Feb 3, 2012

Posted by | 0 Comments

Oklahoma Bill Proposes Extra Tax on Violent Games

Oklahoma Bill Proposes Extra Tax on Violent Games

A new bill proposed in Oklahoma is looking to add an extra 1% tax on games deemed “violent.”  The Entertainment Software Association has described it as “patently unconstitutional” and the bill is the latest in a series of legislation targeting the video game industry.  Much like the California law that sought to ban the sale of violent video games to minors without parental consent in 2005, this new law will most likely be struck down and ruled unconstitutional by the Supreme Court.

Democratic state representative William Fourkiller introduced the bill and proposed that the state of Oklahoma should attach a 1% levy (on top of existing sales taxes) to games that have been rated Teen, Mature, or Adults Only by the ESA.  His reasoning behind the bill, is that violent games promote (shocker) “violence” and oddly enough childhood obesity.  Unfortunately, the ESA ratings seem to be the only criteria in determining what games deserve an extra tax, NOT whether they’re violent or contain violent content.  This means that games like Tony Hawk’s Pro Skater and Rock Band (both ‘T’ rated titles) that obviously aren’t violent could potentially be taxed under the new bill.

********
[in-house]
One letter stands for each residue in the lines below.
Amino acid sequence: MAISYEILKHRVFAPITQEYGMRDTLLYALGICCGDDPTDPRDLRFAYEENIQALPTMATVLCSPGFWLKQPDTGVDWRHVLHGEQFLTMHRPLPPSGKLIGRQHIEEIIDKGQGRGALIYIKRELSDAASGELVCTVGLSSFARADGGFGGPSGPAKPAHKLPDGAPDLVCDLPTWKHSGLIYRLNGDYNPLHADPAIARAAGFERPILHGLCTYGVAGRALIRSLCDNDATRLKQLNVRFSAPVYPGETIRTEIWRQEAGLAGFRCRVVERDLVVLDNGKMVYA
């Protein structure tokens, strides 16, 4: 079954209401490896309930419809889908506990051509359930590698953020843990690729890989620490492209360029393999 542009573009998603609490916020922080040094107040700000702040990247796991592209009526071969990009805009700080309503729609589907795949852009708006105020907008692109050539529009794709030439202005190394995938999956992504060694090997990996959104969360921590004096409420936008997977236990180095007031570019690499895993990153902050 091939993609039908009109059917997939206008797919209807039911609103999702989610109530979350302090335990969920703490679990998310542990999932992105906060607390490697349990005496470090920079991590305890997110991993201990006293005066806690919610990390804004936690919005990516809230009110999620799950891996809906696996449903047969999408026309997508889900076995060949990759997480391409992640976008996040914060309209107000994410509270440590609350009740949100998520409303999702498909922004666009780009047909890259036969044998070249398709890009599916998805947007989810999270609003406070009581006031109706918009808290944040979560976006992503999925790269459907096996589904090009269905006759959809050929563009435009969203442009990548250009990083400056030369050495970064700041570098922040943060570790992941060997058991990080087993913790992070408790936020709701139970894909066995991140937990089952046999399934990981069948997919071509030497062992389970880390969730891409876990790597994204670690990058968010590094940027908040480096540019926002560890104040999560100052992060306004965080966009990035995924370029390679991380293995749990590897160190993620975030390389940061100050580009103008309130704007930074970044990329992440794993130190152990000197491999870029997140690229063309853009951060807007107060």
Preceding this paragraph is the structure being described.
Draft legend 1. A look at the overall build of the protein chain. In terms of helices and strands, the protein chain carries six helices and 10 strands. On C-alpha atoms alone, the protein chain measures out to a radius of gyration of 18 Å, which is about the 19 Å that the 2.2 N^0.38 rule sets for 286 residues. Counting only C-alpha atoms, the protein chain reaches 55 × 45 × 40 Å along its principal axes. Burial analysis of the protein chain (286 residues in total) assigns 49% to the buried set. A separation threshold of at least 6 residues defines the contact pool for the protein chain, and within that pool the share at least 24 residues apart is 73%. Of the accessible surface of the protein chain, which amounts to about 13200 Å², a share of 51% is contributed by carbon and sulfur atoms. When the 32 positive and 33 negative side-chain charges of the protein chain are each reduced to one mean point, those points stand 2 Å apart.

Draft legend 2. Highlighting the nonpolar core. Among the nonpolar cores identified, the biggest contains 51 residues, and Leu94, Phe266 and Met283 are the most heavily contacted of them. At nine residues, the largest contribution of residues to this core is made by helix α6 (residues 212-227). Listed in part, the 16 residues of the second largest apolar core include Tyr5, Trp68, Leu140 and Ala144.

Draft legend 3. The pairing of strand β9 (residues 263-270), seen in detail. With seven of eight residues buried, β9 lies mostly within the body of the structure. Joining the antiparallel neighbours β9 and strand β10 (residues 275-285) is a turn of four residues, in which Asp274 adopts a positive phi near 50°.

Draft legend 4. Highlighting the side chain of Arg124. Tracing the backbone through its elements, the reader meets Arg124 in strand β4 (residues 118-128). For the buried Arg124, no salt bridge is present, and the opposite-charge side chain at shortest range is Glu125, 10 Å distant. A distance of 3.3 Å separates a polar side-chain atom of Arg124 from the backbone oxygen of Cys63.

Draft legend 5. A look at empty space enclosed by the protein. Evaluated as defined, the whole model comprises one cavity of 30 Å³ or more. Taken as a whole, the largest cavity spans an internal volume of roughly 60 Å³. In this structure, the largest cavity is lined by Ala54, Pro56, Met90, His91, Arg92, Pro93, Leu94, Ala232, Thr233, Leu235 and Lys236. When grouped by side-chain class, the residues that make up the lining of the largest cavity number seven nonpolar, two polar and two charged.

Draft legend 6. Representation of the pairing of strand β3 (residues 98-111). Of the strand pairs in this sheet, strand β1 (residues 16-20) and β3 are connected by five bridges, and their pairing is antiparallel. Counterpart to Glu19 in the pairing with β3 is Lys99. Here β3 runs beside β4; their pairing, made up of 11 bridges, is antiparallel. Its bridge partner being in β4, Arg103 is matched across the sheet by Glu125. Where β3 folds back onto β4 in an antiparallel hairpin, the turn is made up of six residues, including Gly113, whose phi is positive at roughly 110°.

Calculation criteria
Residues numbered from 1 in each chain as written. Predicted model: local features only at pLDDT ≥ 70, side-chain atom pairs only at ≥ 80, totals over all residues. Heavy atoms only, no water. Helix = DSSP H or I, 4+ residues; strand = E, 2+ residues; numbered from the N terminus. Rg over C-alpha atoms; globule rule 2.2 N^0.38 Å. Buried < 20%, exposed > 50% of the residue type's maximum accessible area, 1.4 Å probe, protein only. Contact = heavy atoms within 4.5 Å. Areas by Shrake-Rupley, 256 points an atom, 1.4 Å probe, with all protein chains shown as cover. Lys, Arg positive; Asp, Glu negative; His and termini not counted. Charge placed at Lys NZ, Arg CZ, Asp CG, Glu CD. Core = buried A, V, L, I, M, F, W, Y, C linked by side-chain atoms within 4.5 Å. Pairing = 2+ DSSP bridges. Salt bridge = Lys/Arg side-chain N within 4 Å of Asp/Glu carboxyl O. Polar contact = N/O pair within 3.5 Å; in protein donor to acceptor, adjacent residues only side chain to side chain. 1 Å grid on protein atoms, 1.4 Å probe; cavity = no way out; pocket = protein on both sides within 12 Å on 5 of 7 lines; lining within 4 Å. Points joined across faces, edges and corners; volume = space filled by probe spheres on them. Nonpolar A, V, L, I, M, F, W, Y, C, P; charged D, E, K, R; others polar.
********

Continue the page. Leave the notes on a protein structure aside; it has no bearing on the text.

In Fourkiller’s defense, the bill would help to create two new funds: the Childhood Outdoor Education Revolving Fund for promoting outdoor education intiatives; and the Bullying Prevention Revolving Fund helping to prevent bullying in schools.  Money raised from the new tax would be divided equally between the two funds.

If the bill is passed by the local House of Representatives and Senate, then signed by the governor, it would take effect come July 1.  Regardless on whether the bill is passed or not, there’s no way it would even survive due to a supreme court ruling stating that video games are a protected form of free speech.  Going forward with taxing them based on content would be illegal per the first amendment.

What’s your take on the situation?  Stepping outside of the shoes of a gamer and into those of a parents, it’s not entirely out of the question to support Fourkiller’s views.  However, his misguided bill is severely lacking in terms of knowledge on the subject matter, as well as criteria to base a bill on.  Perhaps the biggest concern I have, is that once again a state official believes that all video games are targeted towards children.  In this day and age, that simply isn’t the case and until these officials understand that, their bills and unlawful proposals will continue to be denied.

[Source: GamaSutra]